Waste tracking is more than just an environmental exercise; it can also be an important compliance and financial activity for businesses.
Haulers that can help customers meet waste tracking goals stand to benefit by becoming more than just a commoditized trash removal service; instead, they can become more of an operational partner in areas such as risk management, thereby strengthening their ties with existing customers and standing out to potential new customers.
And waste tracking isn’t merely a hypothetical risk. Last week, Whole Foods agreed to pay a $3.5 million fine to the Environmental Protection Agency (EPA) for improper recordkeeping regarding hazardous waste, according to the Associated Press.
As part of the settlement, Whole Foods will help educate Texas retailers about these laws and the importance of compliance, says the EPA.
Now think about your own customers and whether it’s possible that some of their items aren’t being disposed of properly or that they don’t have compliant recordkeeping for hazardous waste.
It doesn’t even have to be industrial items. In Whole Foods case, the company says the issue involved products such as nail polish remover and vitamins which were purchased, opened and then returned, thus they had to be considered waste, according to the AP.
Your customers certainly don’t want a fine, and they may not be fully aware or have the capabilities to track their waste properly. That’s where haulers can come in to offer a deeper partnership, which is important because loyal customers are worth up to 10 times as much as their first purchase, according to the White House Office of Consumer Affairs via HelpScout.
How can haulers increase loyalty in this area?
For one, they can provide the same sort of education to businesses that Whole Foods will now provide to some retailers in Texas. That could be done in a variety of ways, such as simply speaking with customers next time you see them for pickup and perhaps scheduling a date to talk further; providing literature on how to properly track and dispose of all types of waste; or offering a training workshop in your community, which could double as a marketing event to introduce other businesses to your services.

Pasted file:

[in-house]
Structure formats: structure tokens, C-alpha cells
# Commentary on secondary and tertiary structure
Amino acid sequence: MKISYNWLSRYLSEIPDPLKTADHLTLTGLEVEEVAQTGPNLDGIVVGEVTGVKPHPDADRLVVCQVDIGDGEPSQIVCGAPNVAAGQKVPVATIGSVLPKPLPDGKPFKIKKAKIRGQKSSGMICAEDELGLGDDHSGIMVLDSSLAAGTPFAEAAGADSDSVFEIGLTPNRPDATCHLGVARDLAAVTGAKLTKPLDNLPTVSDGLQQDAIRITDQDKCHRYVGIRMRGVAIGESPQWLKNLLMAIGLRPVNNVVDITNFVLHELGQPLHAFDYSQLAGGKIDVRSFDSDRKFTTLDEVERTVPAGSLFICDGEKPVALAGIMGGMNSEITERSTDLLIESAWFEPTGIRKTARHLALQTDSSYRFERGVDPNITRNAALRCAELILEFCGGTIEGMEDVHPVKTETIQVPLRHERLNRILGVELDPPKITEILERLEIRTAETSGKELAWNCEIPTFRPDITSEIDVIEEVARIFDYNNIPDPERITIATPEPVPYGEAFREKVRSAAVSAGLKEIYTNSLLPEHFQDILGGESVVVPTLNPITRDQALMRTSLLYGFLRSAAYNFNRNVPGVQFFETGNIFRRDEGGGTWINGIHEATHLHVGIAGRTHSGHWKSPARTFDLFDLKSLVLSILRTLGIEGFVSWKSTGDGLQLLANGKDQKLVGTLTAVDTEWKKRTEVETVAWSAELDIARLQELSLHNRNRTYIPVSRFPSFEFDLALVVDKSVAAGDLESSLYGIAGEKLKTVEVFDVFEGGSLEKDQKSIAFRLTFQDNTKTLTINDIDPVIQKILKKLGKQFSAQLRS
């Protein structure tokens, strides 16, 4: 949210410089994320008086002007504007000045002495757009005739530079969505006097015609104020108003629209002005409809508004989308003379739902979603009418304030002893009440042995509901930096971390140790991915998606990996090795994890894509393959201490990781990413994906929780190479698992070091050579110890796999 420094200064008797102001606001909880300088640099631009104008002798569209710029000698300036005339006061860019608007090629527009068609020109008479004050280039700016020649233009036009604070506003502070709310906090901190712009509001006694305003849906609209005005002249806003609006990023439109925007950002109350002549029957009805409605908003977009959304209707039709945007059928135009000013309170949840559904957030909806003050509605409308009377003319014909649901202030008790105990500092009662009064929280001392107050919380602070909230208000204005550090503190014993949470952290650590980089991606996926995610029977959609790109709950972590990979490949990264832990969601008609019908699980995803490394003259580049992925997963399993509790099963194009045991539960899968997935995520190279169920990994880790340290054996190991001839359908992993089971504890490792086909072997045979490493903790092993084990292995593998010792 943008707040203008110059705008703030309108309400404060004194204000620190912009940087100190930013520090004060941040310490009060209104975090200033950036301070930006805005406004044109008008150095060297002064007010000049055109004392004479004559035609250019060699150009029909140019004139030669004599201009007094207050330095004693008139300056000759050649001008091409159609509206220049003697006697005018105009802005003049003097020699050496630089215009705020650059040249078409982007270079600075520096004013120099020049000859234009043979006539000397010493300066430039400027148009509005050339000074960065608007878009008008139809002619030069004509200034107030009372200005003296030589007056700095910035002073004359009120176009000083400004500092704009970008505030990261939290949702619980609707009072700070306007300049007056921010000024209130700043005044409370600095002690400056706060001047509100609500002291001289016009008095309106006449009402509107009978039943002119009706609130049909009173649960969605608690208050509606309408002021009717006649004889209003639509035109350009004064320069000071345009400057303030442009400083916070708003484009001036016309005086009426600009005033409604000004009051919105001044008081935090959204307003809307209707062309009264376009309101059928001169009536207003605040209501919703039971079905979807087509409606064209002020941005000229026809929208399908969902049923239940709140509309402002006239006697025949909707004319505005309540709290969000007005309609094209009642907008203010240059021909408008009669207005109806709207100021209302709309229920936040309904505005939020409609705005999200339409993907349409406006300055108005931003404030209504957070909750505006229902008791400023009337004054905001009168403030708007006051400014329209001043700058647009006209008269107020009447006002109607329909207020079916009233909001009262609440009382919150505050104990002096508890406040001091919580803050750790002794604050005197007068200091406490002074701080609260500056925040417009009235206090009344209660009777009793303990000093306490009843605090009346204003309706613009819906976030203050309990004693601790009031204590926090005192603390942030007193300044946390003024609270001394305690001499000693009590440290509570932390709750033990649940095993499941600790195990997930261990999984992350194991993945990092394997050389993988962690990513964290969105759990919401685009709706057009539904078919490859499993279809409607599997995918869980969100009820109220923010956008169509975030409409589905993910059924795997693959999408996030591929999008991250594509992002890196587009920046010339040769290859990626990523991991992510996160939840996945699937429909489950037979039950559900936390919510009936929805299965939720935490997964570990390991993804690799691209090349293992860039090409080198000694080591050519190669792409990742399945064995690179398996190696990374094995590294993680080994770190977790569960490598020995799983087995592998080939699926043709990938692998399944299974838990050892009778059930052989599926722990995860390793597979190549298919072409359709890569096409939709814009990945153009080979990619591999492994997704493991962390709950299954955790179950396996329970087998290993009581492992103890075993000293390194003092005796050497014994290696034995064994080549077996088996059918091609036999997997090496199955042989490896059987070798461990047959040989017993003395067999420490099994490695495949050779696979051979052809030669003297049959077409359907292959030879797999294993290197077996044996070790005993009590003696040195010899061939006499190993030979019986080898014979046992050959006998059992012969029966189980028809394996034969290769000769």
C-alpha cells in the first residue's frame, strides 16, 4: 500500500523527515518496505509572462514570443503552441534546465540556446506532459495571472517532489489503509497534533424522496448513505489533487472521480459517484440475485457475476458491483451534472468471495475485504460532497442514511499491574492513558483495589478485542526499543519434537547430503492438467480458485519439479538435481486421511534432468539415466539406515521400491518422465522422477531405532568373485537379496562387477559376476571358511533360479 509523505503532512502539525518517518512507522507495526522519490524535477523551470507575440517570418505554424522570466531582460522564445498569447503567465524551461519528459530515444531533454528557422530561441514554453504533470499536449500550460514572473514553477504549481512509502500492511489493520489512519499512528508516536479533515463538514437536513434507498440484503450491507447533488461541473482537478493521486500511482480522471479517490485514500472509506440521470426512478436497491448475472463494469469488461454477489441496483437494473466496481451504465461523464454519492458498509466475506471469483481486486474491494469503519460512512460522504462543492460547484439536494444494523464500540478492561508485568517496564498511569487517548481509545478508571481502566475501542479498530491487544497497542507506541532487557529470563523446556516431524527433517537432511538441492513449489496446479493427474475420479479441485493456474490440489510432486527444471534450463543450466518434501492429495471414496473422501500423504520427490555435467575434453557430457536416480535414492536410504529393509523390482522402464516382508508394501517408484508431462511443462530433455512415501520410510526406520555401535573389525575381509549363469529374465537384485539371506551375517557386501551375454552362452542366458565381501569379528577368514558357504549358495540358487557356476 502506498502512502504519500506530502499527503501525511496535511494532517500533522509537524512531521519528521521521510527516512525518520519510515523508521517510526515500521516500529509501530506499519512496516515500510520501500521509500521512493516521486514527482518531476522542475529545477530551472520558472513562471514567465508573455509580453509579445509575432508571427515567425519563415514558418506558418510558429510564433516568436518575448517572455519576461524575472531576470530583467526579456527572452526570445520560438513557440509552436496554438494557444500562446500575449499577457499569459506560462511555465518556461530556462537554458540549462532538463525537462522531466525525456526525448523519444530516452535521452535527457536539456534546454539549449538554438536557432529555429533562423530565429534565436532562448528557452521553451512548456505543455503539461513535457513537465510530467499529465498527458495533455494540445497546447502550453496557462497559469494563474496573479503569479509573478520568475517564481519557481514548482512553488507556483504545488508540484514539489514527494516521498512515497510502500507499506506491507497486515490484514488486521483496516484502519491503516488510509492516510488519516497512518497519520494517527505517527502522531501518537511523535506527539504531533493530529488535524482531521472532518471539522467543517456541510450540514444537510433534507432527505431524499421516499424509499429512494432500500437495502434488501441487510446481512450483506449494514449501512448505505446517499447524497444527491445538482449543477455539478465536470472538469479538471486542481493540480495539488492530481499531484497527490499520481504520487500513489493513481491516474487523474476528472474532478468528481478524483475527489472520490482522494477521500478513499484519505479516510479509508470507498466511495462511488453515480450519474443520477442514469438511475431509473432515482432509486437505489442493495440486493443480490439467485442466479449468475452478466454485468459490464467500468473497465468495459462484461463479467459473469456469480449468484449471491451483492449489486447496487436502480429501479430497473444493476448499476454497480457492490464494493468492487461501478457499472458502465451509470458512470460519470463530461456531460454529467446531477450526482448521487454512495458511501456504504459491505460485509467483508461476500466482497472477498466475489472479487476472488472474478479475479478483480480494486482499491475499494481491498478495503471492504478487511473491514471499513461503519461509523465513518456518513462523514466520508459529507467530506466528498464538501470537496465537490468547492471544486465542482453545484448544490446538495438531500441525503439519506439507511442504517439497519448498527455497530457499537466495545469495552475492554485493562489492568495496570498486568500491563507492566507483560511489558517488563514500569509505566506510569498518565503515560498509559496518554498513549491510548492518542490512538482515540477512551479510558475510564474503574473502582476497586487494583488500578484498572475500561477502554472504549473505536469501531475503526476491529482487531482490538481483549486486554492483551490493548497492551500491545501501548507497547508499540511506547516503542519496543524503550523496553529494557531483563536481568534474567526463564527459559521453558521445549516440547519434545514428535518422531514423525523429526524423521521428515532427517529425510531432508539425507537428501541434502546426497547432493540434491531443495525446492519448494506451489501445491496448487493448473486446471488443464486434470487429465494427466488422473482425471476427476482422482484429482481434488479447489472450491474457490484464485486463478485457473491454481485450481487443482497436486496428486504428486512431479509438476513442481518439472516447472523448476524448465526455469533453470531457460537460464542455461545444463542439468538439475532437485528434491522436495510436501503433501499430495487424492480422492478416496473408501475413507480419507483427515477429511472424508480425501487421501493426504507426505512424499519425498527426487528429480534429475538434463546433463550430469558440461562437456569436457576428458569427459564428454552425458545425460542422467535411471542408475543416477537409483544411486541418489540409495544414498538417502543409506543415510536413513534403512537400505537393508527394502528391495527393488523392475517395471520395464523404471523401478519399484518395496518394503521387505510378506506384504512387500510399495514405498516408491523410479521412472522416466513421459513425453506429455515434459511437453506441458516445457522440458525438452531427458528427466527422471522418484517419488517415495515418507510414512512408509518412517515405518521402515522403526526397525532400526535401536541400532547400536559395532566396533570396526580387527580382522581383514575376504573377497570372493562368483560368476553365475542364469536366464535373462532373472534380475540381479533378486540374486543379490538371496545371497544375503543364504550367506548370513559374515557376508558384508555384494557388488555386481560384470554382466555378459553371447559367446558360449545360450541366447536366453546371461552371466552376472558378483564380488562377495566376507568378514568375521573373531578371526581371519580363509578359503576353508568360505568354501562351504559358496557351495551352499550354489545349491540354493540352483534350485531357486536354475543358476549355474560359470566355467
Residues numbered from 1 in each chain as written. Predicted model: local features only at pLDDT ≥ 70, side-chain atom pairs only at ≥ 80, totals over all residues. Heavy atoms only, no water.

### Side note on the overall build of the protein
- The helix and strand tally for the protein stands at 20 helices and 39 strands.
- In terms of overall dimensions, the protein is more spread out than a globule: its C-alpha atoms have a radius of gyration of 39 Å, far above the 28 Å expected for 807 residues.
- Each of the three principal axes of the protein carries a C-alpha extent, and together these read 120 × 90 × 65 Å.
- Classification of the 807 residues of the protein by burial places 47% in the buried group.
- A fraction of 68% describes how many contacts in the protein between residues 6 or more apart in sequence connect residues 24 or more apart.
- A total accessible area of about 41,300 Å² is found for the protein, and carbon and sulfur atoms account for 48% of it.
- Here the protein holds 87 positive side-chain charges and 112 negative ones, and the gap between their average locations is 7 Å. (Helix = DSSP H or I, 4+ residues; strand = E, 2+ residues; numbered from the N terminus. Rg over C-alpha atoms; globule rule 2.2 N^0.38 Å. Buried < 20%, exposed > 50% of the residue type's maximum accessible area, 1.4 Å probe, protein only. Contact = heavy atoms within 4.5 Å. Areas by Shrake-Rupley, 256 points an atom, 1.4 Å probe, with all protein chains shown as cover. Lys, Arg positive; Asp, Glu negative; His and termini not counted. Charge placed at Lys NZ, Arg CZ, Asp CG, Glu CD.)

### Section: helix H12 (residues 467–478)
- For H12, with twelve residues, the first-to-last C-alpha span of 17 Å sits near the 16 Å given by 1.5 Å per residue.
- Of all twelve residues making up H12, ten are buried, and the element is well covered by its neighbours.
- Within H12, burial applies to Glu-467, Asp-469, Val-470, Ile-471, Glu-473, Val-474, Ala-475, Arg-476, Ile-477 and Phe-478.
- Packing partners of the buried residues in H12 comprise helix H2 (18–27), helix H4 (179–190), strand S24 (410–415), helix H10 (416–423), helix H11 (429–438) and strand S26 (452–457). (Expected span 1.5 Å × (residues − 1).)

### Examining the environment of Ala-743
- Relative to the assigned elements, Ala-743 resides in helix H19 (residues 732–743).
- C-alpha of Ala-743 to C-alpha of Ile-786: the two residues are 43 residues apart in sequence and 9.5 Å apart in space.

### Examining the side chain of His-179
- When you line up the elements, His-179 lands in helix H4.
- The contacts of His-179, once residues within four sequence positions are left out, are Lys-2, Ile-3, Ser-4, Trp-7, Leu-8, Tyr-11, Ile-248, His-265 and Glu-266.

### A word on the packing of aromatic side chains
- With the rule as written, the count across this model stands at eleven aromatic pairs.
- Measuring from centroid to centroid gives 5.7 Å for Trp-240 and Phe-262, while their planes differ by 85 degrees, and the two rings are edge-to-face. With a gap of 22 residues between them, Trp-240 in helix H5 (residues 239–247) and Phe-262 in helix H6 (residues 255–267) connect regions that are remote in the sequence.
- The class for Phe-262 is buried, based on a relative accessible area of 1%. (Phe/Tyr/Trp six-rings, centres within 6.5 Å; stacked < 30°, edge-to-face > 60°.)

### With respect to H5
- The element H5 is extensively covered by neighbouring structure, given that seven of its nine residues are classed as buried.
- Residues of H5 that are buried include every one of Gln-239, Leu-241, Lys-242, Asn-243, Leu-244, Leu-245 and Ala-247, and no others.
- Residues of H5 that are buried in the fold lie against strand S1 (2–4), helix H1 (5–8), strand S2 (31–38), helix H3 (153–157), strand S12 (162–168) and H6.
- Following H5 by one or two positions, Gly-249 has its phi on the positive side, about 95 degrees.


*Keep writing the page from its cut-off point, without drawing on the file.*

Additionally, haulers and their customers can use new tools for better waste tracking.
As we wrote about a few weeks ago, the EPA rolled out a new waste and materials tracking feature to its Energy Star Portfolio Manager online platform. And with Grid Waste, haulers can provide personalized waste collection reports. So if they use the EPA’s tool to track waste and materials usage, they can see how that aligns with what’s actually being collected. And if they don’t use the EPA’s tool, better collection reports still help businesses stay on top of how their waste is being disposed.
Offering these types of services shows customers that your business can help them reach their goals and can provide a better experience than simply picking up the trash every week.
And customer experience is key to profitability and growth. In the U.S. auto insurance industry, for example, companies that provide the top quality customer experience generate two to four times more new business growth, as well as 30% more profitability, since satisfied customers are more likely to renew their policies, finds McKinsey.
The same can apply to haulers. Providing exceptional customer service such as anticipating that customers need help with waste tracking can increase the chances that those customers will remain your clients, and it could be the calling card you need for other businesses to hire you.